Westwood seizes pole position
Lee Westwood made a superb start to the Dubai World Championship but Rory McIlroy is hanging tough.
Lee Westwood gave playing partner Rory McIlroy something to think about with a sparkling six-under-par 66 on day one of the Dubai World Championship.
It gave the world number five a share of second place, only one shot behind Australian Robert Allenby, and put him back in position to capture a second European Tour Order of Merit title.
Not that McIlroy had a bad day. His 68 leaves him in a tie for fifth but, if those positions were to stay the same, Westwood will be crowned champion on Sunday.
McIlroy’s runner-up finish in Hong Kong last Sunday had taken him into a £114,829 lead heading into the final event but it looks set to go right to the wire now.
And it might yet be that one putt at the end of the final round will be worth more than £1.6million.
Westwood was only level par after six holes but picked up seven birdies and only one bogey over the rest of the round.
As for Martin Kaymer and Ross Fisher, the other two players in with a chance of a £1.6million tournament and bonus-pool jackpot on Sunday, they stood one under and level par respectively – Fisher after having the only double-bogey six of the day on the opening hole.
Allenby’s 65 on the new Earth course designed by his compatriot Greg Norman put him one in front of Westwood, fellow Englishman Chris Wood and Colombian Camilo Villegas, while Padraig Harrington was with McIlroy in the group two further back.
Wood made a sparkling return after tearing ankle ligaments falling down some steps in Spain a month ago.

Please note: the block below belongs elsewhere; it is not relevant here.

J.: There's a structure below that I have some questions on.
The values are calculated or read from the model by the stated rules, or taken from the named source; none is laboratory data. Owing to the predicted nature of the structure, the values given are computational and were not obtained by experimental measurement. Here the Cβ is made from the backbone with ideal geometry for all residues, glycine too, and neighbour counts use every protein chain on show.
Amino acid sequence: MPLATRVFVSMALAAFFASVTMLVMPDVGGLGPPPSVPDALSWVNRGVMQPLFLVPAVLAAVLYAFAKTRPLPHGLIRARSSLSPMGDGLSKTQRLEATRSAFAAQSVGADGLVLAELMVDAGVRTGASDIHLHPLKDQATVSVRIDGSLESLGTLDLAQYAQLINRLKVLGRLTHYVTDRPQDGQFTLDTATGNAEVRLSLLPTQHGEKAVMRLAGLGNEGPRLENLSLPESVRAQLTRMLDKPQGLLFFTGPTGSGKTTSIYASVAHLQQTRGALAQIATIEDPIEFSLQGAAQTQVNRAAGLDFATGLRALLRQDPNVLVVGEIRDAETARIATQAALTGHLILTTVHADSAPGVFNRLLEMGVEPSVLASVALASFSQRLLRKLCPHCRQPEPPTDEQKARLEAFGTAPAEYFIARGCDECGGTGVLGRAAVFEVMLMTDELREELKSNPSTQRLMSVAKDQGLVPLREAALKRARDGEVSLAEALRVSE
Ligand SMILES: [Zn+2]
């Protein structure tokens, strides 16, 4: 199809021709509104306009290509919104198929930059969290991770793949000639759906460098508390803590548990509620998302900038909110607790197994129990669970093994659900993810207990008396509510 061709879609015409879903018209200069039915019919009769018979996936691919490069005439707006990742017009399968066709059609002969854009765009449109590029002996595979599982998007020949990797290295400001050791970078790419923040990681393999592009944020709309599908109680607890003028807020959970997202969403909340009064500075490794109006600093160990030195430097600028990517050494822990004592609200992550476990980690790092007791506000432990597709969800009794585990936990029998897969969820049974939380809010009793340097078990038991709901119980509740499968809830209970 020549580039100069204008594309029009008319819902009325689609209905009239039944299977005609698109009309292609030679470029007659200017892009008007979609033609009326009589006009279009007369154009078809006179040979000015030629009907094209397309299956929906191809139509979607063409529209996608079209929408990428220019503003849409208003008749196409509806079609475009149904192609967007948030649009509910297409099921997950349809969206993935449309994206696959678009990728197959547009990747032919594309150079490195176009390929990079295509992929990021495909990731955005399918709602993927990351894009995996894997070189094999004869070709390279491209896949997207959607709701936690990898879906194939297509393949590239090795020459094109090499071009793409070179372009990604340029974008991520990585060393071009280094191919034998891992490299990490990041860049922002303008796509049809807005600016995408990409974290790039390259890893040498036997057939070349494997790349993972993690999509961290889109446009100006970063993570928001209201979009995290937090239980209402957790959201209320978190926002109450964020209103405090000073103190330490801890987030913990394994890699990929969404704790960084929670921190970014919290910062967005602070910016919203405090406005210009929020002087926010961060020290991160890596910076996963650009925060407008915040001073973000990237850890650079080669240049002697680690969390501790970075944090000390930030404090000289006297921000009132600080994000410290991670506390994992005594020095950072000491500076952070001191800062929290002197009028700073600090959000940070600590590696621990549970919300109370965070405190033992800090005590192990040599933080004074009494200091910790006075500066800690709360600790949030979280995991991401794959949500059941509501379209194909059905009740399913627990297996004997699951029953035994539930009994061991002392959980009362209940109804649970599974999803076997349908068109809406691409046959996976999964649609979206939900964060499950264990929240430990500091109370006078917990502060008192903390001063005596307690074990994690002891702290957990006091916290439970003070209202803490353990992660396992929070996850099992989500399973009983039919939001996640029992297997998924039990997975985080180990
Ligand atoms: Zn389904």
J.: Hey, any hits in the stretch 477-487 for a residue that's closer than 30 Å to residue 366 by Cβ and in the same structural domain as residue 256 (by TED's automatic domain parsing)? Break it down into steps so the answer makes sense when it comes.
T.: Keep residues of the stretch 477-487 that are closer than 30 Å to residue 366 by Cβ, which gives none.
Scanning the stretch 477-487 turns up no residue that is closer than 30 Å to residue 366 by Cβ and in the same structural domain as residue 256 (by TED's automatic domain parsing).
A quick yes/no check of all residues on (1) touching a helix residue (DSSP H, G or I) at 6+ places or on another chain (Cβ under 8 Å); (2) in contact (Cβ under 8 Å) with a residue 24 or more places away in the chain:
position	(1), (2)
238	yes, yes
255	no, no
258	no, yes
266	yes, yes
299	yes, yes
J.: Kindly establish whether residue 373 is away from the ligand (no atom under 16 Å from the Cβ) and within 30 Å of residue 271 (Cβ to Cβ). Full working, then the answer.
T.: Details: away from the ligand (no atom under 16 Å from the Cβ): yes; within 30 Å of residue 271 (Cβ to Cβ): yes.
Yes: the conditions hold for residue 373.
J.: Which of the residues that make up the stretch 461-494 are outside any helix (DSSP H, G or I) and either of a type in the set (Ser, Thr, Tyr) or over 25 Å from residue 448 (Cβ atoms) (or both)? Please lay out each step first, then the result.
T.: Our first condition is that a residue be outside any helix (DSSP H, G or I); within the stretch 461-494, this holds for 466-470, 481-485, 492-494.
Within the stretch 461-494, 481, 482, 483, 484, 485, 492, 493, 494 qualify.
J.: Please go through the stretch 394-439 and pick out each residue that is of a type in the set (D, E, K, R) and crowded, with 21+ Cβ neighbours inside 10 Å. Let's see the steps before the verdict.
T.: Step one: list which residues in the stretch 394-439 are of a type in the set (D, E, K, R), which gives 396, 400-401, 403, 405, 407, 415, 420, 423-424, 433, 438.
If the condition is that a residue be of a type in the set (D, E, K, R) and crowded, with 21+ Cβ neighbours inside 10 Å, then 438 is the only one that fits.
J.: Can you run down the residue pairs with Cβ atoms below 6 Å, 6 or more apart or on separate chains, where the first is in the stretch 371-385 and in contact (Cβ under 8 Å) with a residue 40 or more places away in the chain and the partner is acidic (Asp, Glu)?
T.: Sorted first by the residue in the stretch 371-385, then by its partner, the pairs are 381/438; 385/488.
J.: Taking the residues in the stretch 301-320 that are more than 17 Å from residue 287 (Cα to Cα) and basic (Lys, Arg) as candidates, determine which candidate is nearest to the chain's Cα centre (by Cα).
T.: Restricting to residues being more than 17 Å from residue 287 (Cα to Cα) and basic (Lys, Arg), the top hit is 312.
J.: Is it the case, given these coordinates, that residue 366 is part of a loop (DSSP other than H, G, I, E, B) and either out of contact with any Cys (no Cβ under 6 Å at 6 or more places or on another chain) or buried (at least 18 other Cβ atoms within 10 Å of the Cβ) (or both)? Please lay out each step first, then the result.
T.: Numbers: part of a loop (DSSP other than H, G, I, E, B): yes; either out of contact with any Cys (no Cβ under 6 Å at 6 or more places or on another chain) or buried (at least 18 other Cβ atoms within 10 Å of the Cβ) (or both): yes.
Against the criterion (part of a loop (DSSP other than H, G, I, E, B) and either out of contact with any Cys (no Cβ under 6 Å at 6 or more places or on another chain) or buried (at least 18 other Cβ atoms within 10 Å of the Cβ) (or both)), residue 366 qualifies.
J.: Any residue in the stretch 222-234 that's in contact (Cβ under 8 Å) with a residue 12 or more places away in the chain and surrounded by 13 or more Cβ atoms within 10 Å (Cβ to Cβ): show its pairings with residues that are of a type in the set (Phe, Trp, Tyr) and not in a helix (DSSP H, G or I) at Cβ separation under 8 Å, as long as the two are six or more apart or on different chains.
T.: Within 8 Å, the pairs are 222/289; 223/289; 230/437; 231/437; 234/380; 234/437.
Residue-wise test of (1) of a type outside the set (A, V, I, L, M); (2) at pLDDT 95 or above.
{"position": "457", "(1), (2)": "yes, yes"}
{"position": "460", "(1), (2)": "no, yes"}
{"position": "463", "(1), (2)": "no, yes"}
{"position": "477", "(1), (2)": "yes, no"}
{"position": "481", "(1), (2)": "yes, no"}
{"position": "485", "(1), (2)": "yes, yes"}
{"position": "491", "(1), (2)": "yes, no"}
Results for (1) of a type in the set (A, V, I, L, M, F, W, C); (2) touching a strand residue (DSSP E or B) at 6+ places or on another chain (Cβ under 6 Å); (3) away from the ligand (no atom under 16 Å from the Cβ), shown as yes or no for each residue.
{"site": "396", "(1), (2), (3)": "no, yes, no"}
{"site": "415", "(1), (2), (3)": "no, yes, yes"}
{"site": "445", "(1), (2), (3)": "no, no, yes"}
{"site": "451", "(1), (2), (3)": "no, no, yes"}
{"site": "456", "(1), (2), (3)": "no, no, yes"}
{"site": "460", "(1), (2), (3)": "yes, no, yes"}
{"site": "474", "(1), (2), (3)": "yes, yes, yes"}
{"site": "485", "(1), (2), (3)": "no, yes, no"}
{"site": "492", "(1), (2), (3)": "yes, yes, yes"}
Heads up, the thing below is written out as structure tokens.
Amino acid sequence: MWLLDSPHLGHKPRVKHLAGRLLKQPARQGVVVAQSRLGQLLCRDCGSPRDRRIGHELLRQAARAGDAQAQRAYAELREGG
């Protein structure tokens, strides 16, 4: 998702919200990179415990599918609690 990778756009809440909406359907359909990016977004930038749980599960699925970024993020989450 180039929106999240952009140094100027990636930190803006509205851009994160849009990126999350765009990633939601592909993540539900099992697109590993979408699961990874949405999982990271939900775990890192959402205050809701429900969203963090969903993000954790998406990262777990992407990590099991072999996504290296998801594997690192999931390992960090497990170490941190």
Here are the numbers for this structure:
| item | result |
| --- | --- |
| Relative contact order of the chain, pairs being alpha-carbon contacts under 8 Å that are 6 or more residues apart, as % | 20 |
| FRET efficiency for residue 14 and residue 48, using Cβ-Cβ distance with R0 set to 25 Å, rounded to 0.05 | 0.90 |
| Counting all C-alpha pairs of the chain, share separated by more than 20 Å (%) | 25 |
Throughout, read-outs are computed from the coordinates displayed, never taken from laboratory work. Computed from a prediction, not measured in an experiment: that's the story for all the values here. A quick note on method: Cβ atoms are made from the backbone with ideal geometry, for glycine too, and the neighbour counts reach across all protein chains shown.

The 21-year-old, third at the Open in July, turned in 34 and then covered the “Golden Mile” closing four-hole stretch with four successive birdies.
And that after his ankle began to hurt again on the 15th tee.
Wood said: “That’s the first time I’ve played 18 holes since the injury. I was on crutches for two and a half weeks but it’s recovered well.
“The ankle started aching on the 15th tee and I thought, ‘I’ll take one under for the closing stretch’, but I managed to birdie every one.”
Designer Greg Norman said he expected the “Golden Mile” to be: “One of the most challenging and exciting miles of golf in terms of risk and reward.”
Wood certainly got the reward, pitching to six feet on the 15th, making eight-footers on the next two and then hitting his approach to six feet at the 620-yard last.
McIlroy will take the title regardless of how he plays if Westwood finishes outside the top seven, Kaymer the top four and Fisher the top two.
But, with a first prize of nearly £745,000, McIlroy, Westwood and Kaymer all went into the event knowing victory would also bring them the added bonus of nearly £900,000.
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